There are literally bigger problems to take care of, anyway. Grodd has spotted the ship, which by now only carries Stein inside, and he tries to use Sara against Stein, only to have the assassin knocked out by a pan-wielding Isaac Newton. (Poor Sara.) Dick’s airstrike arrives and begins laying waste to the land, and in that moment, Stein manages a maneuver — with a lot of Gideon’s help — that tosses Grodd off the ship and into the burning wild below.

With the anachronism gone, the team say their goodbyes. Zari learns that Ahn chooses to stay instead of being offered a new place and time to go — Zari just might overcrowd Themyscira before the end of the season — and Mick comes very close to having a heartfelt chat with his father. He begins to give Dick some advice about his future child, but then grits his teeth and lets his dad go. Some things are better left unsaid; by now, Dick’s already thanked Mick for pulling him away from the dark path he was about to go on. What more do you want from this heart-to-heart?

Back on board the Waverider, some of the Legends also make sweet gestures. Amaya thanks Ray for helping her to realize that maybe she doesn’t have to murder her own granddaughter, the water witch Kuasa, because maybe Kuasa’s just like Grodd, someone made into a monster, not born one. Ray smiles, but as Amaya walks away, he looks concerned with her conclusion. A short walk away, Stein tells Jax that he’s realized that whatever happens, Jax will be just fine as an individual, because Jax has the spirit of Firestorm in him, capable of doing good without going nuclear.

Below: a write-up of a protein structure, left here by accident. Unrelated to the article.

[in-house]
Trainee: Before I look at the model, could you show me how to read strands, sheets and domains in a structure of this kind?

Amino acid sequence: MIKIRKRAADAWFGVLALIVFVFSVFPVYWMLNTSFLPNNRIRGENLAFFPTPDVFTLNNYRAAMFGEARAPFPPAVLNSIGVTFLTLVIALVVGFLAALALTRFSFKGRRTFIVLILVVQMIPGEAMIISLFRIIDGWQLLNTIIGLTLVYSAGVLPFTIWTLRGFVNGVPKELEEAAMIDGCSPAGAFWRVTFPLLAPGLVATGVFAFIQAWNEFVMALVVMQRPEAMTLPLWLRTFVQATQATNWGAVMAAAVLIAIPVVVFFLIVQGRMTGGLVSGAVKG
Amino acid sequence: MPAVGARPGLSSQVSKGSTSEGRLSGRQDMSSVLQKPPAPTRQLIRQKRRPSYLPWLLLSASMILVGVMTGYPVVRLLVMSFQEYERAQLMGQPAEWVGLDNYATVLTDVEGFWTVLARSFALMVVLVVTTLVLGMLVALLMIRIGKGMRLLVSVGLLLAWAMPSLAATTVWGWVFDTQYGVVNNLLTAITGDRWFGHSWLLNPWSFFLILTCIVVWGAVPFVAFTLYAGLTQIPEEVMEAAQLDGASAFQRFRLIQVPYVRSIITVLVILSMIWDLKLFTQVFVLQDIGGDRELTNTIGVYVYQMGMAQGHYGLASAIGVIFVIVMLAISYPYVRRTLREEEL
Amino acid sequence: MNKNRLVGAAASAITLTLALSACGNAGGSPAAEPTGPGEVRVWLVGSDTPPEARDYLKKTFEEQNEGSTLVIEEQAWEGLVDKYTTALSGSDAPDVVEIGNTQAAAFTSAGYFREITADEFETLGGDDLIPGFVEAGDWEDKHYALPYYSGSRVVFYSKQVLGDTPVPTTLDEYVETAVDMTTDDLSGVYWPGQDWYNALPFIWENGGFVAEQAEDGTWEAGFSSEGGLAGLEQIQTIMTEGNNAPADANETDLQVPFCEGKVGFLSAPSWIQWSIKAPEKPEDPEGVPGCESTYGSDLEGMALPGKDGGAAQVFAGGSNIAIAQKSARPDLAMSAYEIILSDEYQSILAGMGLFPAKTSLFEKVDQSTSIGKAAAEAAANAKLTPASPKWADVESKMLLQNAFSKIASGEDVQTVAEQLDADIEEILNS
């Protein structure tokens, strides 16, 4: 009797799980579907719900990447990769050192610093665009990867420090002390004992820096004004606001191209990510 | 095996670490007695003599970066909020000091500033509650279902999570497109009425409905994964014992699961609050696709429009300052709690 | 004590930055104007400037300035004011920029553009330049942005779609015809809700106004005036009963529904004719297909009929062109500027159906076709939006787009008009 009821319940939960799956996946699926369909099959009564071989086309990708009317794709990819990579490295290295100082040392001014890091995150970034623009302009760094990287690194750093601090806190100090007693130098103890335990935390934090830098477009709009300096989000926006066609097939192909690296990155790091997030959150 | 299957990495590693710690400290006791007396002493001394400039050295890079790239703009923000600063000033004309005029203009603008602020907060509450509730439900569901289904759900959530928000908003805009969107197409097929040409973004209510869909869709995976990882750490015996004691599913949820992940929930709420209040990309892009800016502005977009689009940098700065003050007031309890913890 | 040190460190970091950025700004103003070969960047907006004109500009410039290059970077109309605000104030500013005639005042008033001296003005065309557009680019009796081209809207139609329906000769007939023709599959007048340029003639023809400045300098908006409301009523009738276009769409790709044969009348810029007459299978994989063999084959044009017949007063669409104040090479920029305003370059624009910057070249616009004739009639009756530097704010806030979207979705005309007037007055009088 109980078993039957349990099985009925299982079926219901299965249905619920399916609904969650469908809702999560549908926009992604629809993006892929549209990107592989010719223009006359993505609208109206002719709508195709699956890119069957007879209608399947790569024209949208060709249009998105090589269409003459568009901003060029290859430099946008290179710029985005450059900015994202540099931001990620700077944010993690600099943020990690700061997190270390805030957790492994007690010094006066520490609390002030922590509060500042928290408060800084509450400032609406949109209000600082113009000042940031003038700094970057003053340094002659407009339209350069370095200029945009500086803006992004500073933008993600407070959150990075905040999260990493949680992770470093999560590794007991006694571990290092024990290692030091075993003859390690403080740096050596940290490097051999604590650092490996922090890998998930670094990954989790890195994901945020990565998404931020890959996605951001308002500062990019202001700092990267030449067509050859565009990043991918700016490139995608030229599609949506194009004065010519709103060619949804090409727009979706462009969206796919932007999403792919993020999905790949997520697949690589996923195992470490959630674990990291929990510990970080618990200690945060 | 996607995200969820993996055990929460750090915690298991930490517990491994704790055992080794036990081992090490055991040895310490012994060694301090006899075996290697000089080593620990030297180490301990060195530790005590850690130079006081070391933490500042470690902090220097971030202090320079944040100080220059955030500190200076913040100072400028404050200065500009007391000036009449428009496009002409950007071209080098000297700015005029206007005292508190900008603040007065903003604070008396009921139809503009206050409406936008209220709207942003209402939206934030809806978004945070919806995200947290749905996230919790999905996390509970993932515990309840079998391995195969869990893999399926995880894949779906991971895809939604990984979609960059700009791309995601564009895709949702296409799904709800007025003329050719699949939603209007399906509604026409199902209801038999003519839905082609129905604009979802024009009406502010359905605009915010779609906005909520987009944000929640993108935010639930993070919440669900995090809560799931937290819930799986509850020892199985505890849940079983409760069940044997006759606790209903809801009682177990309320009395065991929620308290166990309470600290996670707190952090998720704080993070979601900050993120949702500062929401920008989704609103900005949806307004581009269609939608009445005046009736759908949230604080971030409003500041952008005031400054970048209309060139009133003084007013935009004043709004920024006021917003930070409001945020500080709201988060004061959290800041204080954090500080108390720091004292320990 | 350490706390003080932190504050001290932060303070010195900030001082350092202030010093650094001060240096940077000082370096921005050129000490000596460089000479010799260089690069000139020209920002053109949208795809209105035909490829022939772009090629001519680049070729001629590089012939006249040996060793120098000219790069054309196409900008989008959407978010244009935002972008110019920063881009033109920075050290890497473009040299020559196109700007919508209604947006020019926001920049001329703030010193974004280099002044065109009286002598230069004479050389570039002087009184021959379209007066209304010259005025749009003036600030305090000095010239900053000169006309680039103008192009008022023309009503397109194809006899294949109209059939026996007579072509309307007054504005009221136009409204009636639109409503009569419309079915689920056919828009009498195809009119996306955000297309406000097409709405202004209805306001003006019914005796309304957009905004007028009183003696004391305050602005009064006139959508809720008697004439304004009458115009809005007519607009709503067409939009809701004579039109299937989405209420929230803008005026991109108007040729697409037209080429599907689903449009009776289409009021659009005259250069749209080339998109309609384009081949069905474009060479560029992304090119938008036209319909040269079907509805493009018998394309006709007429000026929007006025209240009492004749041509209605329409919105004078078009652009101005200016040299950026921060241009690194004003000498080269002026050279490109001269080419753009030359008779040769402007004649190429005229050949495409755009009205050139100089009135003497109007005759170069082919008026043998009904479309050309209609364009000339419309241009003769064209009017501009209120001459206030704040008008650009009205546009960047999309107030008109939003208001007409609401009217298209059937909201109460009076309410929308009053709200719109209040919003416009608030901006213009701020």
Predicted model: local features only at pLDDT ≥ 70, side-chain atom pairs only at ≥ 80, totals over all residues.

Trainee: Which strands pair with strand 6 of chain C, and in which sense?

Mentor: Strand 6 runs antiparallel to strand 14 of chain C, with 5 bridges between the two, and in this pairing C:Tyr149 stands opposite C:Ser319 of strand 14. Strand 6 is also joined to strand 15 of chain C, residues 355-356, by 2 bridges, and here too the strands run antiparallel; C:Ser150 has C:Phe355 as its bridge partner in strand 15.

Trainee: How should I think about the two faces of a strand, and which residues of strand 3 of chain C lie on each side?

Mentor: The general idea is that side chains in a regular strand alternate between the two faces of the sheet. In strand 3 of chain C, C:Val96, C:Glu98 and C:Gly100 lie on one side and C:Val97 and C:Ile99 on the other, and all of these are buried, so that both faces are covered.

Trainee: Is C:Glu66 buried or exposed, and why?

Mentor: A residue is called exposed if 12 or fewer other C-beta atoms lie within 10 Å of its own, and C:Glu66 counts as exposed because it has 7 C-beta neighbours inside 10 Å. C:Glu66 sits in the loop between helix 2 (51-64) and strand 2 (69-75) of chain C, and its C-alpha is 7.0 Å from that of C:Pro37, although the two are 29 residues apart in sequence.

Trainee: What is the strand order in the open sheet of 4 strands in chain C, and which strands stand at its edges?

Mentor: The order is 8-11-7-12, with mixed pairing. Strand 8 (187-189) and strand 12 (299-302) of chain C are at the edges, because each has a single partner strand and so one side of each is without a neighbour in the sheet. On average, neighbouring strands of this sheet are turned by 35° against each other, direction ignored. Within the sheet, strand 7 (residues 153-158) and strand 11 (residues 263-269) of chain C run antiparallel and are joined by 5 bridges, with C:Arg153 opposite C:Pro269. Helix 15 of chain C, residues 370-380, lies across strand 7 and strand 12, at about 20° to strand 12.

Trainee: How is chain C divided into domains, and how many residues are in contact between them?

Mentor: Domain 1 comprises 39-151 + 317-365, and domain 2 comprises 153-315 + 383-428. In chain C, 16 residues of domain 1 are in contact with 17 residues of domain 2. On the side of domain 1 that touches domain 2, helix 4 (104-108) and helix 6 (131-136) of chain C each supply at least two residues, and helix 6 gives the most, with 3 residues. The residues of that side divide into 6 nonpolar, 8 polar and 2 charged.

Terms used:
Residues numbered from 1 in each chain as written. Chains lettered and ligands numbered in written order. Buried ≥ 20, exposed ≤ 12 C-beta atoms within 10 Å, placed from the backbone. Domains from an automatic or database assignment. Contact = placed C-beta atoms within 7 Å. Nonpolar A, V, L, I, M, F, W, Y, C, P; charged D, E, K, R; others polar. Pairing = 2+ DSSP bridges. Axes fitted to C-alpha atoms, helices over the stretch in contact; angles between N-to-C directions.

And as the group gathers for Lady Bird Johnson’s pie, Sara walks in, finally free of her coma — but not free of a new bump on her head thanks to Isaac Newton. It’s a party, and everything’s alright…almost. Turns out Grodd didn’t land in the fiery jungle; no, he got pulled out of Vietnam and into a random parking lot where Damien Darhk has been waiting for him, hoping to recruit him to his cause. It’s a cause that involves the ability to time travel using, as Darhk boasts, “a single thought.” Uh oh. If there’s one thing the Legends can’t do, it’s clear their minds. I mean, even Mick Rory’s always wondering about Aruba, isn’t he?

Episode Recaps

Guest Starring John Noble
DC's Legends of Tomorrow

Led by White Canary, a band of superhero misfits defend the time stream with an assortment of wacky threats in the fourth Arrowverse series.